“…urban farms, regardless of their mission, are relatively small and face similar challenges in terms of providing the primary farmer with a living.” This is a finding from an article called “Urban Agriculture: Connecting Producers with Consumers” published in the British Food Journal in 2016. The authors are addressing a reality that many of us in the food world and DC have seen firsthand – urban farmers are not earning an income that supports their quality of life.
The authors of this article recognize that their 370 sample size has constraints and that their findings cannot be generalized to the entire population of U.S. urban farms. Making a living is also subjective. Earning an income that comfortably pays for your urban lifestyle can look very different for different people. But the authors’ discussion about the financial reality behind urban agriculture is hard to ignore. On this topic they also point out that two-thirds of these farms have social missions, such as improving food security or providing community education.
This trend begs a couple questions. First of all, are social causes keeping farmers from realizing a higher profit capacity? And secondly, if urban agriculture is not financially sustainable, will it last? Mary Ackley, founder of Little Wild Things City Farm offers an example of a more promising future for the urban farmer. We chatted over the phone about her for-profit and growing microgreens business.
Mary started Little Wild Things in December, 2014 and has been gaining customers and traction ever since. She started growing what she could confidently produce and sold by approaching businesses in her neighborhood, microgreens in hand. And what about the social missions present in so many of the farms captured in the article? Mary isn’t doing direct community education, but her business has a strong environmental focus. She works with veteran-owned business, Veteran Compost, for her compost and soil purposes. All of her farming is done without pesticides, toxins, or chemicals. And she refers to Little Wild Things as ultra-local. Mary grows in the cellar of the Pub and the People – a business that serves her microgreens – and the garden of a Monastery, both in the Bloomingdale and Eckington neighborhoods. “I’m really committed to being not only environmentally sustainable, but commercially viable,” Mary says.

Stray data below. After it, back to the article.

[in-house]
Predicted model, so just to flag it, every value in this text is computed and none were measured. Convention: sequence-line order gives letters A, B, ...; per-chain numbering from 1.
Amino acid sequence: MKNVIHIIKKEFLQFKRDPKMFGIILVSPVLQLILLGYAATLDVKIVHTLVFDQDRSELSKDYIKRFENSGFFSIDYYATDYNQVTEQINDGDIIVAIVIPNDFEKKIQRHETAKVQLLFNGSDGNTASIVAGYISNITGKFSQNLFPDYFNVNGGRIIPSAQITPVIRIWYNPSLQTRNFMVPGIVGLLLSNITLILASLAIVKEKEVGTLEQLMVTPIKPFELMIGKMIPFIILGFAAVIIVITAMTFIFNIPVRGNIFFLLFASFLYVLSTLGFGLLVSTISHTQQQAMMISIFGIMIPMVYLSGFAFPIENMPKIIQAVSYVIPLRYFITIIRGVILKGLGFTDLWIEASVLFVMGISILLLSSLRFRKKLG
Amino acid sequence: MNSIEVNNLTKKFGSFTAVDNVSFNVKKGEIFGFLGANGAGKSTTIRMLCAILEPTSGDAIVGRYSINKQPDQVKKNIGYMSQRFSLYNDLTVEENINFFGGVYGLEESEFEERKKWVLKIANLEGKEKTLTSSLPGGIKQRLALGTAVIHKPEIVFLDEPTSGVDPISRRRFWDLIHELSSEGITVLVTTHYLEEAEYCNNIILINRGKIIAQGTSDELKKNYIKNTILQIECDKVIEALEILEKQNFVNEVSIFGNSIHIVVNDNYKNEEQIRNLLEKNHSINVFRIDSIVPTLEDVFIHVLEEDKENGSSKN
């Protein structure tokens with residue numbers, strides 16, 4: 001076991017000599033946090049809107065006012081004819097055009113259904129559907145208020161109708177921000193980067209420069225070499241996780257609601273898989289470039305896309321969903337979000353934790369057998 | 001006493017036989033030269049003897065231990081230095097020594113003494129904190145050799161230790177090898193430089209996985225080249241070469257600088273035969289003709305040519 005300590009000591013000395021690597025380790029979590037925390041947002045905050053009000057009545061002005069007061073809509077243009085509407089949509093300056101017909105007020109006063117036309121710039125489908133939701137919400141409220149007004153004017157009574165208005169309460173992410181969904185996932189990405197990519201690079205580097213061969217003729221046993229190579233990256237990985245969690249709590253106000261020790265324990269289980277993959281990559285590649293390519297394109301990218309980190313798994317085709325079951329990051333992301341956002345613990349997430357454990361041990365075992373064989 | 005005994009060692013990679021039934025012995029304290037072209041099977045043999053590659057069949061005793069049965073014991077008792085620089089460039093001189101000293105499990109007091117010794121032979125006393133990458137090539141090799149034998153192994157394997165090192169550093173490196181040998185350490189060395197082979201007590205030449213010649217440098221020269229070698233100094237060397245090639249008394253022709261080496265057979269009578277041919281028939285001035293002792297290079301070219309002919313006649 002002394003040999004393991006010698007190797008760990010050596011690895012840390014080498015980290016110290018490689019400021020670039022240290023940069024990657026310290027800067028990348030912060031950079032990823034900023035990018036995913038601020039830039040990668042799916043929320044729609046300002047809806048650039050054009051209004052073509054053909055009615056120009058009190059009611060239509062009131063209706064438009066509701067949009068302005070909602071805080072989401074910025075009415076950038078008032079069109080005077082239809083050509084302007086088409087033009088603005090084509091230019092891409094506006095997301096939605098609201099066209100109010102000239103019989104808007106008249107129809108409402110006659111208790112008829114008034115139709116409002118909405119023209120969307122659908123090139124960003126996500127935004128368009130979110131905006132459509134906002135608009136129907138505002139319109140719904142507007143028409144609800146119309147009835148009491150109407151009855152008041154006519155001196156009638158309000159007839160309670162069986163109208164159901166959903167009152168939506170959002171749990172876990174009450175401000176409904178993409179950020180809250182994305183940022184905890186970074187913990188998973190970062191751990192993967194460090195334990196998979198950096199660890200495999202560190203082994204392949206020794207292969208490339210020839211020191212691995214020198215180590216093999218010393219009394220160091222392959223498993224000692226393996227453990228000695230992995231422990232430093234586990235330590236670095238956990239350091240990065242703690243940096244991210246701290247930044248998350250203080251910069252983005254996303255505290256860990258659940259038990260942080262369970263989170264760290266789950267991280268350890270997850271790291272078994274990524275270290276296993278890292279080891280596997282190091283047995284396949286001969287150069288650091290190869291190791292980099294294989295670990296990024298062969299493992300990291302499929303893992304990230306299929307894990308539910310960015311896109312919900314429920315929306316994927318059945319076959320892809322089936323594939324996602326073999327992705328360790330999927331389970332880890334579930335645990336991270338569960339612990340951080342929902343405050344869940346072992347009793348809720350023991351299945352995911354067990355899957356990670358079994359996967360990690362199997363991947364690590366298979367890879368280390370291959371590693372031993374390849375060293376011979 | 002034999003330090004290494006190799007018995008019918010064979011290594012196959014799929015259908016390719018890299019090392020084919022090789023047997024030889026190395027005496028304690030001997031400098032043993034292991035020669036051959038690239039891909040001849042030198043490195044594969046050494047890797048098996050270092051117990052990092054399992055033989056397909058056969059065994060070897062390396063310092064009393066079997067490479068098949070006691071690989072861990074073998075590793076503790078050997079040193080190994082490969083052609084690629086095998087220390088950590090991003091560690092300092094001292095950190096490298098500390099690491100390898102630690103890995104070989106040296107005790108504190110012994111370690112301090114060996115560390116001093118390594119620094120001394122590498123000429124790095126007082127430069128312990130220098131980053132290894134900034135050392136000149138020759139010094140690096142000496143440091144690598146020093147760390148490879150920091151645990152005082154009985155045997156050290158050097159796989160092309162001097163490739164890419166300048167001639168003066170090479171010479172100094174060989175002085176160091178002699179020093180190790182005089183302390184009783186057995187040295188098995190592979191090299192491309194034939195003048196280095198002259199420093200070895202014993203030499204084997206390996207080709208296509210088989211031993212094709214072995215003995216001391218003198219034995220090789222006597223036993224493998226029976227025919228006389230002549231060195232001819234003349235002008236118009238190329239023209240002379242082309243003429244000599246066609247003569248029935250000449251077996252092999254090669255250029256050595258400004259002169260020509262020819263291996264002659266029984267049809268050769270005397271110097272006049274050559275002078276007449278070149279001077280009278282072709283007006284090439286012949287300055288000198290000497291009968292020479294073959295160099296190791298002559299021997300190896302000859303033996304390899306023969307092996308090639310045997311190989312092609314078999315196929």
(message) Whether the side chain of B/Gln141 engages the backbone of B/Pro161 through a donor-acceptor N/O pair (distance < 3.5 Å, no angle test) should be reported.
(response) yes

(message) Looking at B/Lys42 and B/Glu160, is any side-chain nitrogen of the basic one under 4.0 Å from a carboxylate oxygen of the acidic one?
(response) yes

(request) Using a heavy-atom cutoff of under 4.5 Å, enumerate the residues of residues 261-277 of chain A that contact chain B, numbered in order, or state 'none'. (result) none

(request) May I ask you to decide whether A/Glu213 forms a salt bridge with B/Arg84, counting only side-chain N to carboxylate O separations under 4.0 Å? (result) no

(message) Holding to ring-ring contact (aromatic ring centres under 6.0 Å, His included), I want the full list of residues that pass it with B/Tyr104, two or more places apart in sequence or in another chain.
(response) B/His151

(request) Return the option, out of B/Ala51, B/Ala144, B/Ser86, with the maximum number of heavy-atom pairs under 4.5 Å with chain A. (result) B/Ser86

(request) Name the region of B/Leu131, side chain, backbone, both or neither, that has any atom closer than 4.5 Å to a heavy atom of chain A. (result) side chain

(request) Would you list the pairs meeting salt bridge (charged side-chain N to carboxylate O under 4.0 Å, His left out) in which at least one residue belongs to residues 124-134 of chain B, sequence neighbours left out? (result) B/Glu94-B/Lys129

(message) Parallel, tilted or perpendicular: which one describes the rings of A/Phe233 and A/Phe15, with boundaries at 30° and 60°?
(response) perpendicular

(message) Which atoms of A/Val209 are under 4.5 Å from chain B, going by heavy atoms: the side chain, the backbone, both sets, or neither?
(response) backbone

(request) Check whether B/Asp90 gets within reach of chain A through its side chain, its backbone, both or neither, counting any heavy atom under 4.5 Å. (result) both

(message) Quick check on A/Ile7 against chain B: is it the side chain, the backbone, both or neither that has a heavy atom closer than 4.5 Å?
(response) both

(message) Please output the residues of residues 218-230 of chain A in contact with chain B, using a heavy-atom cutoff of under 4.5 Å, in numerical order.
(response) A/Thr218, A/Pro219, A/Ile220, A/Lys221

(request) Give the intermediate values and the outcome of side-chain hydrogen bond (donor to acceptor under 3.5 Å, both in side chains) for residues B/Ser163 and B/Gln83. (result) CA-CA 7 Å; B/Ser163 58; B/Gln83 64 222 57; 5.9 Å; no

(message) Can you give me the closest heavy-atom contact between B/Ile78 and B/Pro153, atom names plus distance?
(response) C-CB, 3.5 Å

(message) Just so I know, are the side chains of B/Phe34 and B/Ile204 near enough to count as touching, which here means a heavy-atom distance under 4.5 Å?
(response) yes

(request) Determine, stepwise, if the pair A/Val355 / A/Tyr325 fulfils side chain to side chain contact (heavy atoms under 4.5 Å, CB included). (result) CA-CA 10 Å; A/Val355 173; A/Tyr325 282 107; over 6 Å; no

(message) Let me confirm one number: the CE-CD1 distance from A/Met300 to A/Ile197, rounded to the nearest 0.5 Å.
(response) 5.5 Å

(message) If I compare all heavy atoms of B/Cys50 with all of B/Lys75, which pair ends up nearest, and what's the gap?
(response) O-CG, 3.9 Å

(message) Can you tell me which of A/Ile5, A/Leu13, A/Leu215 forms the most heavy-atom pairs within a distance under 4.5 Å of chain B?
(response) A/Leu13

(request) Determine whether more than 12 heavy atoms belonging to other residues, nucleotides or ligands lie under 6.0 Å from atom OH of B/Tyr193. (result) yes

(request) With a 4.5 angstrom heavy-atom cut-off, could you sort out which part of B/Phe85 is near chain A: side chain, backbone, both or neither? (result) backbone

But on the topic of making a living, Mary acknowledges how challenging it is for urban farmers. “I have an engineering degree, and I worked as an engineer in development, and this is way harder,” she says of the management and timing around her farm/business. In spite of the challenges, financial viability remains one of Mary’s primary interests. Fortunately, microgreens have a relatively high price premium, allowing Mary to turn a solid profit. She also markets the microgreens as organically grown in biologically intensive spaces, which also elevates the product’s price bracket. Microgreens are also gaining traction as a luxury food, showing up on high-end restaurant menus and usually available at organic grocery markets and Whole Foods. So Mary has developed a product that she feels is well placed to support her financial goals.
Little Wild Things City Farm has grown considerably since Mary began in 2014. While Mary still does development work on the side, the farm will eventually be her full time job and source of income. “I believe it’s possible,” she says, basing her assessment on the state of her projections.
In the British Food Journal article, the authors speculate that the lifespan of urban farming depends on factors such as “…whether those currently farming in the urban setting can earn high enough incomes to maintain the urban lifestyle they desire.” Through microgreens, Mary seems to have found a for-profit model that puts her on track for meeting that goal.